Angela says that she’s been on a quest to find the very best Saran wrap. Saran is actually the name of a specific brand of polyethylene food wrap — also known as plastic wrap or cling film — made by S. C. Johnson & Son. Saran is one of many trademarked names that are often used for an entire product category. You probably know that Kleenex and Xerox are brand names — but you might be surprised to learn that you’re only dressing your baby in a “Onesie” if you’re using an infant bodysuit made by Gerber Childrenswear. You’re only using Rollerblades if you have inline skates from Technica Group. And you’re only riding around in a Jet Ski if you have the brand of personal watercraft sold by Kawasaki Heavy Industries.

Later, Mike and Angela try to recall a fact about the amount of emergency savings Americans have on hand. They were thinking of a 2022 survey by the consumer financial services company Bankrate, which found that 57 percent of U.S. adults can’t afford a $1,000 emergency expense. In addition, 68 percent of those polled said that a sudden loss of employment would result in an inability to cover living expenses for even one month.

Finally, Angela credits the concept of the planning fallacy to the late, great psychologist Daniel Kahneman. We should note that Kahneman developed the idea with his friend and long-term research partner Amos Tversky.

That’s it for the fact-check.

Before we wrap today’s show, let’s hear some thoughts about last week’s episode on the differences between sympathy and empathy.

Natalie WILLIAMS AWODEHA: I’m calling in response to the question about empathy and sympathy and then how the conversation also included a discussion on pity. So, I’m 39 years old now. I live in downtown Los Angeles. But I grew up in the South, in Oklahoma, and I can remember, as a kid — as a black little girl growing up poor — there were so many times when I realized that folks were being nice to me and to my siblings not because of any genuine empathy or sympathy, but because they felt pity on us. And I agree with Mike that it’s a horrible, horrible, disgusting feeling — especially as a child to realize where those feelings from particular adults were coming from. I remember it impacted me so much that one time I quit band. I was really good at playing the clarinet, and I quit because I was feeling those feelings of pity from the band director, and I was like, “No, this has to go.” And so, I can really understand how folks might have those visceral reactions. It’s a horrible, horrible feeling. Thanks for the discussion. I look forward to these episodes every week.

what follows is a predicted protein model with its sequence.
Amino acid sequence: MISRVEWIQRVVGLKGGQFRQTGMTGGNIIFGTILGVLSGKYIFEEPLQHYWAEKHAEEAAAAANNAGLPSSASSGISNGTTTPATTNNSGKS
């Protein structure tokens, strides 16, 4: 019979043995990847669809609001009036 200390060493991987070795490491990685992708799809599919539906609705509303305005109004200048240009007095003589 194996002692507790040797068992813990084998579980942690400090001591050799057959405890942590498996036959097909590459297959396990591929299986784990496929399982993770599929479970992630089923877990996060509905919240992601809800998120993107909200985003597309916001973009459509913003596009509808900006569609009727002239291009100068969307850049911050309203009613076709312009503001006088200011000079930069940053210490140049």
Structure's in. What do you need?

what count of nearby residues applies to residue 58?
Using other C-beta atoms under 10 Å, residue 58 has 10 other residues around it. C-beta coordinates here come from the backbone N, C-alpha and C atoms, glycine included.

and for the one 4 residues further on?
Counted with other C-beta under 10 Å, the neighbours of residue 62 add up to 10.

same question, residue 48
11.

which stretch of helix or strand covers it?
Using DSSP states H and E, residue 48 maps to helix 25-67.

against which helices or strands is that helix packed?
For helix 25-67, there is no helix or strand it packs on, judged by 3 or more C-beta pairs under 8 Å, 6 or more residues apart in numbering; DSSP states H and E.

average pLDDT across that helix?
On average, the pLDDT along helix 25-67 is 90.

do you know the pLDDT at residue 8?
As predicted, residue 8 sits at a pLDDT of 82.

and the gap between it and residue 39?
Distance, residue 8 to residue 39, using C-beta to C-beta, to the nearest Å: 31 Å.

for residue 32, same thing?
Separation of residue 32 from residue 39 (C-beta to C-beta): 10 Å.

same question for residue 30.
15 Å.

Ed SIXSMITH: Your episode on empathy versus sympathy took me back nearly 20 years to medical school in London where I got into arguments with the philosophy teachers about trying to be empathetic towards our patients. I couldn’t understand why they couldn’t see that empathy was impossible in certain situations. I’ve never had a terminal diagnosis, I’ve never lost a child to a car crash, and yet those are things we deal with as doctors, especially in the emergency department where I now work. What I have understood over those 20 years is that actually the most important thing is striving to try and be as empathetic as possible — put yourself as close to the position that you can of the patient, or parent, or person in front of you and do that with sympathy so that you can attempt to be near to them and to understand their grief, their difficulty, their diagnosis and to give them the best care as possible as a result.

That was, respectively, Natalie Williams Awodeha and Ed Sixsmith. Thanks to them and to everyone who shared their stories with us. And remember, we’d love to hear your thoughts on seemingly unrealistic dreams. Send a voice memo to, and you might hear your voice on the show!

Coming up next week on No Stupid Questions: are people getting worse at experiencing discomfort?

DUCKWORTH: Oh my gosh. I’m already uncomfortable. This is so awkward.

That’s next week on No Stupid Questions.

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No Stupid Questions is part of the Freakonomics Radio Network, which also includes Freakonomics Radio, People I (Mostly) Admire, and The Economics of Everyday Things. All our shows are produced by Stitcher and Renbud Radio. The senior producer of the show is me, Rebecca Lee Douglas, and Lyric Bowditch is our production associate. This episode was mixed by Greg Rippin with help from Eleanor Osbrone. We had research assistance from Daniel Moritz-Rabson. Our theme song was composed by Luis Guerra. You can follow us on Twitter @NSQ_Show and on Facebook @NSQShow. If you have a question for a future episode, please email it to To learn more, or to read episode transcripts, visit Thanks for listening!

DUCKWORTH: I don’t think you would want somebody in a wheelie chair for recording a podcast.

MAUGHAN: I — I have a wheelie chair.

DUCKWORTH: Oh, Mike! Hello!